Squatingdog

The Unofficial Fortnite Companion App

About The Project

Famous Fortnite streamer Squatingdog has been providing challenge maps to his followers for a long time. With his new app, the same maps are interactive and have a lot more features. Built from the ground up for Fortnite Battle Royale players, this app is updated weekly. Users are able to find everything they need to complete the challenges. With a 4.5 rating on Google Play and a 4.9 rating on the App store and thousands of reviews, we are particularly happy with the positive feedback we've had from users on this app.

Category

iOS/Android App

Industry

Gaming Reference

Services

Staff Aug, Web Dev, DevOps, Project Management

Challenges

One of the challenges that we prepared for was scaling the app smoothly as the user base joined and grew. With the launch of the app we knew that we needed robust systems in place to handle a large influx of users. For that reason we used Heroku because it has autoscaling.

In order to optimize the performance of the app, we switched from rendering all the markers within the frame of a user's view to rendering only those markers that are where a user is zoomed in on the map. Which markers get displayed is determined by how close that marker is to the center of a user's zoom point. It is the type of solution that is simple and easy for computers to implement and helped a great deal with the performance of the app.

Another feature that we are proud of is tracking the user's navigation history. When the app was originally released, it became clear that this was something the audience wanted! Based on how a user drills down and clicks on an item on the menu or a marker on the map, the back button takes you up the hierarchy of the item's category not back in history. This allowed users to navigate the menus more cleanly as well as keep track of the challenges more clearly. For example, if you go back and it happens to be a marker, it will automatically take you to the marker's location.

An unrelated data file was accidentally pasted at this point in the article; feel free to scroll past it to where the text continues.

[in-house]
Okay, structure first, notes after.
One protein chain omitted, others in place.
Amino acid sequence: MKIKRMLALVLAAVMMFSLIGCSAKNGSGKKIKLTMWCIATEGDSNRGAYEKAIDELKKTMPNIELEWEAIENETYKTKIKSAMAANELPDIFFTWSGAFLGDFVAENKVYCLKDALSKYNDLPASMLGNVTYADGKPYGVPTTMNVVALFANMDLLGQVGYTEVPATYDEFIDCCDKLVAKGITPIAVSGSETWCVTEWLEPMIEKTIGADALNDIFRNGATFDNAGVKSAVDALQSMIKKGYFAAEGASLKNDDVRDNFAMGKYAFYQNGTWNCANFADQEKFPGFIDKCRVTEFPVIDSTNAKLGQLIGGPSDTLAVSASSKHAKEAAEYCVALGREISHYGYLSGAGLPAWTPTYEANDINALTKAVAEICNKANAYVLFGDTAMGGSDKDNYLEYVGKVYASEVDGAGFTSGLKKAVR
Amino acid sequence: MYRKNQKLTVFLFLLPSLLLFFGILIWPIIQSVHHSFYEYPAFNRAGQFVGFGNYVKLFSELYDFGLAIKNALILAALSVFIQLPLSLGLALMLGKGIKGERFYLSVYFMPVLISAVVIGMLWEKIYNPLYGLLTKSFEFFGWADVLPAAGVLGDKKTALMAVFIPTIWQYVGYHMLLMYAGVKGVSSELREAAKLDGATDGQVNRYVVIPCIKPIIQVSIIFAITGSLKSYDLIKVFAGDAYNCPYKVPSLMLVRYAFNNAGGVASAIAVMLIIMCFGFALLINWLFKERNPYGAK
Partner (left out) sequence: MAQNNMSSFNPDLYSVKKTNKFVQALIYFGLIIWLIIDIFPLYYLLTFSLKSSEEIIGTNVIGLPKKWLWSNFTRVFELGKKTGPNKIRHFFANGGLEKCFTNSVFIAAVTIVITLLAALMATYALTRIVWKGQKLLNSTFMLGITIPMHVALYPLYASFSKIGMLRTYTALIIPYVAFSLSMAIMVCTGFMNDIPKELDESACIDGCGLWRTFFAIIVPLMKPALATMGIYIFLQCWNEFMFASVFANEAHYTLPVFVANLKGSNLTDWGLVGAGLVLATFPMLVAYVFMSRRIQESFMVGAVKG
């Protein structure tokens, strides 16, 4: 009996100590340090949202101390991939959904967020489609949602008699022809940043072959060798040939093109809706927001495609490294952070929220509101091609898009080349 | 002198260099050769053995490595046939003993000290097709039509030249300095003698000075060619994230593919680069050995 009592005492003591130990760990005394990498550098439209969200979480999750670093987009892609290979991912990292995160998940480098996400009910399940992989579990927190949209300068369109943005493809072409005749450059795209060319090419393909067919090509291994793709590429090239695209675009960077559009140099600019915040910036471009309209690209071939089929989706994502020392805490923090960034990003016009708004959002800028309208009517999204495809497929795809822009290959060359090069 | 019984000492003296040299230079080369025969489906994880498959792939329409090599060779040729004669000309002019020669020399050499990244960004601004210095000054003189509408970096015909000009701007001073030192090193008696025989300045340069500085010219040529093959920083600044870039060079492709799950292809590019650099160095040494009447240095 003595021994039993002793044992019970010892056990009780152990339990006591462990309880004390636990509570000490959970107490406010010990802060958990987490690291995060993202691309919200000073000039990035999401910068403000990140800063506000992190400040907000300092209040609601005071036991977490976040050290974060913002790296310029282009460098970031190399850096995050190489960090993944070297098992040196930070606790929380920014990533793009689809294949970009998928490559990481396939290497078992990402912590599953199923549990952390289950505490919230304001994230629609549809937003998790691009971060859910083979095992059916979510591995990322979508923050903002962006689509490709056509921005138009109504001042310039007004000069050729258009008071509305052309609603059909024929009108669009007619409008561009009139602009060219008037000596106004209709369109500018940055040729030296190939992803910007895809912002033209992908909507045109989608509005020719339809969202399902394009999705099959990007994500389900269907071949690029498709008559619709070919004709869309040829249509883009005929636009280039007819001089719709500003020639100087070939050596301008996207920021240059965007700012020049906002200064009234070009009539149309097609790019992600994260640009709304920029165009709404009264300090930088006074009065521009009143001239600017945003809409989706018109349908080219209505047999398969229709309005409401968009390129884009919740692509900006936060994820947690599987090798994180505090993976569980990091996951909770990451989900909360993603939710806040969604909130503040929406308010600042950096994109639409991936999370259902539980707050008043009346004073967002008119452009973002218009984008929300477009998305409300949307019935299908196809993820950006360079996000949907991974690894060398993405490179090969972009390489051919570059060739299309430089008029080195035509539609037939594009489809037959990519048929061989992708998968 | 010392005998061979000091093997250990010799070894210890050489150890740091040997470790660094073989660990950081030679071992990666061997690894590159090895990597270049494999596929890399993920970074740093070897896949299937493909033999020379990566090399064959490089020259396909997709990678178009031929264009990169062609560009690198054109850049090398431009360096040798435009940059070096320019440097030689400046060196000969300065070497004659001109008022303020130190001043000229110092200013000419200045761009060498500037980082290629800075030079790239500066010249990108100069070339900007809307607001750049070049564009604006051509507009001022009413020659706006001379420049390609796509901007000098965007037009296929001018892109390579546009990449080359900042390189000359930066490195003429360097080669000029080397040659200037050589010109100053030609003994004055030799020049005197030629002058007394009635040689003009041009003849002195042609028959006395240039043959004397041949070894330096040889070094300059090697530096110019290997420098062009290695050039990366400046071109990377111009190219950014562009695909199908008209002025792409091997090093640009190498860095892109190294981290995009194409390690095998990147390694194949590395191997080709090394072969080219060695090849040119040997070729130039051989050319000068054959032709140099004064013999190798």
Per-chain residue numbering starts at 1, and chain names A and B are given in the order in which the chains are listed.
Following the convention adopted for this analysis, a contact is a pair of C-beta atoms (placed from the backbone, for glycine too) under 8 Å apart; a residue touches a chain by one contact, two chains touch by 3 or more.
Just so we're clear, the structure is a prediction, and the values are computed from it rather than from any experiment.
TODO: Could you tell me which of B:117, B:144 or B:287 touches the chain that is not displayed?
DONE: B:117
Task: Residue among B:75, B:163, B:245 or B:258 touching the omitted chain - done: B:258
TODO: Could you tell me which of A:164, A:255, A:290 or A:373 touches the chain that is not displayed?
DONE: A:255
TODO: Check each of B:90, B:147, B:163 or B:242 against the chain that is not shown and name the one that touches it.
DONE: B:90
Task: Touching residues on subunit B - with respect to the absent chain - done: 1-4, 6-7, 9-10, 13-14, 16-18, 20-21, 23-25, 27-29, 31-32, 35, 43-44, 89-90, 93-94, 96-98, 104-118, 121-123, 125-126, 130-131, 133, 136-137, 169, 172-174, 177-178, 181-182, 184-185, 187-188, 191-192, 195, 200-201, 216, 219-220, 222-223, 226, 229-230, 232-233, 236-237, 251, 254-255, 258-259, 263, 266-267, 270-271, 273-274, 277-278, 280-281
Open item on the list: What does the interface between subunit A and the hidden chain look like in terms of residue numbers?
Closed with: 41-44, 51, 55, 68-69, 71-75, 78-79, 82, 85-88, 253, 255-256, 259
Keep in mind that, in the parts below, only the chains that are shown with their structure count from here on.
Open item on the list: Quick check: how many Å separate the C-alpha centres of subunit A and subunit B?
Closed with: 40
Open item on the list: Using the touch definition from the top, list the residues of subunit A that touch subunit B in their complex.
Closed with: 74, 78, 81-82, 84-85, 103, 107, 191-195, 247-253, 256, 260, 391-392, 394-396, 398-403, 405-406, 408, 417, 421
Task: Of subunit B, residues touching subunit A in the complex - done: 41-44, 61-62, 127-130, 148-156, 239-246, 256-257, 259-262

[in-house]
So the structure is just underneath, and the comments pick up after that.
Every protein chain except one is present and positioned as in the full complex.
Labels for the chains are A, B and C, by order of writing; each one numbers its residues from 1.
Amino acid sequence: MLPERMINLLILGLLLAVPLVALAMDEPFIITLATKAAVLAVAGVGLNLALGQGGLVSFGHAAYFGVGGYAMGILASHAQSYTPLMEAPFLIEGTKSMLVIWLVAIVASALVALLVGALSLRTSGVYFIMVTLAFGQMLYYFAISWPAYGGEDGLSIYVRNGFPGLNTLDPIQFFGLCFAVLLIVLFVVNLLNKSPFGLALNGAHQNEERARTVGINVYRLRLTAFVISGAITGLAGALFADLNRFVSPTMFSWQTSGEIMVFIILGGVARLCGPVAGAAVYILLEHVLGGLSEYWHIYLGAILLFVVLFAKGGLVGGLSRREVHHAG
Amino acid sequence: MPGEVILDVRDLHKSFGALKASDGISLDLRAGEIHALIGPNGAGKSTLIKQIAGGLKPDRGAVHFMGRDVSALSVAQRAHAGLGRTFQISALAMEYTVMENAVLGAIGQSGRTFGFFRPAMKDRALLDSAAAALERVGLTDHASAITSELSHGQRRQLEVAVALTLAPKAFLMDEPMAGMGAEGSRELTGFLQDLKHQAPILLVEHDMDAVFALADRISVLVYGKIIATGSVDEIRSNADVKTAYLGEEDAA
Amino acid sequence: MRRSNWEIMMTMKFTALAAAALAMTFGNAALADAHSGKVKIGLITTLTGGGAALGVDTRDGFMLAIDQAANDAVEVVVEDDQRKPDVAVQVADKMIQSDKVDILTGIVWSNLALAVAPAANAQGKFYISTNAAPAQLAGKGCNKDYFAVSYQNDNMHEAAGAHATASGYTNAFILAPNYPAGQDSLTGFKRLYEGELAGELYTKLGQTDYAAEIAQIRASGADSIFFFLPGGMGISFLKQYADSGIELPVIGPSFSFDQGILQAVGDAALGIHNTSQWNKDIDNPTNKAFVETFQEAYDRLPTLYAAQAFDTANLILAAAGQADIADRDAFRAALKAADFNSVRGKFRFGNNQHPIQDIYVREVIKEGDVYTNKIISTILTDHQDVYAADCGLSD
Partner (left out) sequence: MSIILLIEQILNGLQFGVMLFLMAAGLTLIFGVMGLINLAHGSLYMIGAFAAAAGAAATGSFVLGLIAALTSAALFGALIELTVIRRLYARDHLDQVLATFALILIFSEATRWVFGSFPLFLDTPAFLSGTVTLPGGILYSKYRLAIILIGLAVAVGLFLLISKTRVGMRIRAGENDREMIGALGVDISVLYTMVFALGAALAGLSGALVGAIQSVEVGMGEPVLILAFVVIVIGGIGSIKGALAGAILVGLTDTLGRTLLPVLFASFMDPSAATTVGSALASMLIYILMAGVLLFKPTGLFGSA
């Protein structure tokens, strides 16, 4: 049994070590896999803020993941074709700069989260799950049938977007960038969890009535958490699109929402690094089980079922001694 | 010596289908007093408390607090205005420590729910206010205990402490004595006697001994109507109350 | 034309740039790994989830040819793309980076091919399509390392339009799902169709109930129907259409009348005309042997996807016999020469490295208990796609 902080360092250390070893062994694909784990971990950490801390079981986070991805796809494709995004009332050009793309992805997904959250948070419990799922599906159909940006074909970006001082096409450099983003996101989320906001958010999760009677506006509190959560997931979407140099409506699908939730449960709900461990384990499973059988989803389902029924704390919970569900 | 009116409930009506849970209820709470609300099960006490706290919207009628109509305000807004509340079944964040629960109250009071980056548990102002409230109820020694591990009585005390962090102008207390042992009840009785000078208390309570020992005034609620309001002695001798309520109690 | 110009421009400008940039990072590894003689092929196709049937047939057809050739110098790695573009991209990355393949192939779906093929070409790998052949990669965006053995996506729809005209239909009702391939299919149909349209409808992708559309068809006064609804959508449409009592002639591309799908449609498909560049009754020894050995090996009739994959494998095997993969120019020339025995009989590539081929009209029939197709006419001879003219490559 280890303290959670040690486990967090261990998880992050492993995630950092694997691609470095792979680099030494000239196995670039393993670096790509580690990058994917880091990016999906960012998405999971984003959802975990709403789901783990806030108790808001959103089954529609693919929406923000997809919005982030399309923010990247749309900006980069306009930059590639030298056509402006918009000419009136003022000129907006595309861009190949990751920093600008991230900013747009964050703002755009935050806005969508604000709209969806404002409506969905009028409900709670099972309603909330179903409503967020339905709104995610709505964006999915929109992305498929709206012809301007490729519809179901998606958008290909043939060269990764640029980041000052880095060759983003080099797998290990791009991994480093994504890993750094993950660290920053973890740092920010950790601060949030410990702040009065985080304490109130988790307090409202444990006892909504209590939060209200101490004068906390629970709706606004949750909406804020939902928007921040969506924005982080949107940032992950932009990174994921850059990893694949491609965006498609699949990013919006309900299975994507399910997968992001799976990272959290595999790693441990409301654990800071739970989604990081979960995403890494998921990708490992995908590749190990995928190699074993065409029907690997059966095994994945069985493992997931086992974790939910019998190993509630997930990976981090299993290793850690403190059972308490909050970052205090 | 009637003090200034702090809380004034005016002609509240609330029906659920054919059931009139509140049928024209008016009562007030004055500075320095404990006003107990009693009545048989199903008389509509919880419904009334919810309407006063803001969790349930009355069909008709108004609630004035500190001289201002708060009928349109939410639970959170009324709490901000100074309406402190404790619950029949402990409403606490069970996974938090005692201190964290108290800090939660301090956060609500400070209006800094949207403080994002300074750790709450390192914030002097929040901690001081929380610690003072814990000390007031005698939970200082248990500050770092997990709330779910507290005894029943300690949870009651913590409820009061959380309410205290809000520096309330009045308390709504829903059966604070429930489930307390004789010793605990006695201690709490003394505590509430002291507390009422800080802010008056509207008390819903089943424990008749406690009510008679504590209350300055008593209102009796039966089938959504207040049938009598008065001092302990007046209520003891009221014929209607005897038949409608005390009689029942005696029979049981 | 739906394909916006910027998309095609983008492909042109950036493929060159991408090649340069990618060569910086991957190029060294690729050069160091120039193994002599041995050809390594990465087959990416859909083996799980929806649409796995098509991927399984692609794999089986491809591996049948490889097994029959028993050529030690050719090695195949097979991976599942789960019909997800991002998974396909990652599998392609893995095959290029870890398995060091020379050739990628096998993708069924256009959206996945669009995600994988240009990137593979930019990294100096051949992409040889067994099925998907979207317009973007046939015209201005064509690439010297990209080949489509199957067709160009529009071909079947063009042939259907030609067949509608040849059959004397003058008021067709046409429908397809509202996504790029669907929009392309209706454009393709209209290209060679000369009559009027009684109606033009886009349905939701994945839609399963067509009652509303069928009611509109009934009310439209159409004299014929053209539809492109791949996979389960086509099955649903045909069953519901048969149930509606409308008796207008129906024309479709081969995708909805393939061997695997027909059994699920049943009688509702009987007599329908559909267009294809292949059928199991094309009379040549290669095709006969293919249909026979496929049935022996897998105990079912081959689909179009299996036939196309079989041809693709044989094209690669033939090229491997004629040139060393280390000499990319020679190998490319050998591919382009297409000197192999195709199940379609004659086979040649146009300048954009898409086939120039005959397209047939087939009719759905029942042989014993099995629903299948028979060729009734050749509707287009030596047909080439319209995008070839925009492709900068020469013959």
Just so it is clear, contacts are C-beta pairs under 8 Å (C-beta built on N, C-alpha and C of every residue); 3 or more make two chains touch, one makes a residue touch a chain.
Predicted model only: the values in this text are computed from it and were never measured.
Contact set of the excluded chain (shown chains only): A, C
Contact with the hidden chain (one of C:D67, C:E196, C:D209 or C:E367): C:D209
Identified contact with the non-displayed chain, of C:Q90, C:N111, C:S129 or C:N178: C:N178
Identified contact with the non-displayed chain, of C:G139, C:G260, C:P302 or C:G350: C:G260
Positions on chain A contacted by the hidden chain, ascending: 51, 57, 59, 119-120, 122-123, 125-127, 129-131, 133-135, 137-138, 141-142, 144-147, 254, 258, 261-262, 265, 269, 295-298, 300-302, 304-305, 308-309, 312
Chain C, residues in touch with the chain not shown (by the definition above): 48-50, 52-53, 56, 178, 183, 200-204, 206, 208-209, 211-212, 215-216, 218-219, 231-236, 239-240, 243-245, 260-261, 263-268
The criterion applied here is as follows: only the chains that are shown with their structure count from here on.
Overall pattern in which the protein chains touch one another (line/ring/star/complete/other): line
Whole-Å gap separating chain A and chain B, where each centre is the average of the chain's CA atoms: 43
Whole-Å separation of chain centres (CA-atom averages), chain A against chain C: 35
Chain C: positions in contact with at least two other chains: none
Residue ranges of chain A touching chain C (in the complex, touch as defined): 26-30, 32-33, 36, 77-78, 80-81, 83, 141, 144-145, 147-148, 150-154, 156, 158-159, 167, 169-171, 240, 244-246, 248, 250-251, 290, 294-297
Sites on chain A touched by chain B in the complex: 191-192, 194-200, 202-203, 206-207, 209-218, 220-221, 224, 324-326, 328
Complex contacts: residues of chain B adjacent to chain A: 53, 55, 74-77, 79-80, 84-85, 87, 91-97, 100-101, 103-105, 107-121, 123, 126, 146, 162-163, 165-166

Technology

As with many of the mobile apps we work on, we built this in ionic. Ionic was capable of
handling all the features we needed to build, while also keeping the budget lean. With Ionic we can use a single codebase to deliver the app both to Androids and iPhones.

A main aspect of the app is rendering the maps for each season. We chose GoLang for the map tile server because it is fast, especially as a webservice. In combination with that we used the library Mapbox GL, a JavaScript library that uses WebGL to render interactive maps from tiles. We convert a single image of a map into a tileset composed of smaller images called raster tiles. The images get rendered as you zoom and out, providing the user a smoother experience as they interact with the maps. We built an admin side to the app where each map can be uploaded and activated for each new season. Perhaps one of the coolest pieces of technology we leveraged was an open source software called GDAL which  converts a standard image of a map into the raster geospatial data we need for WebGL.

We used Node to handle the thousands of concurrent users. Node is able to handle requests asynchronously, not waiting for each request to complete before moving onto the next. Instead it processes all requests as they come in. Our database is MongoDB with Redis for cache to help with the number of requests made.

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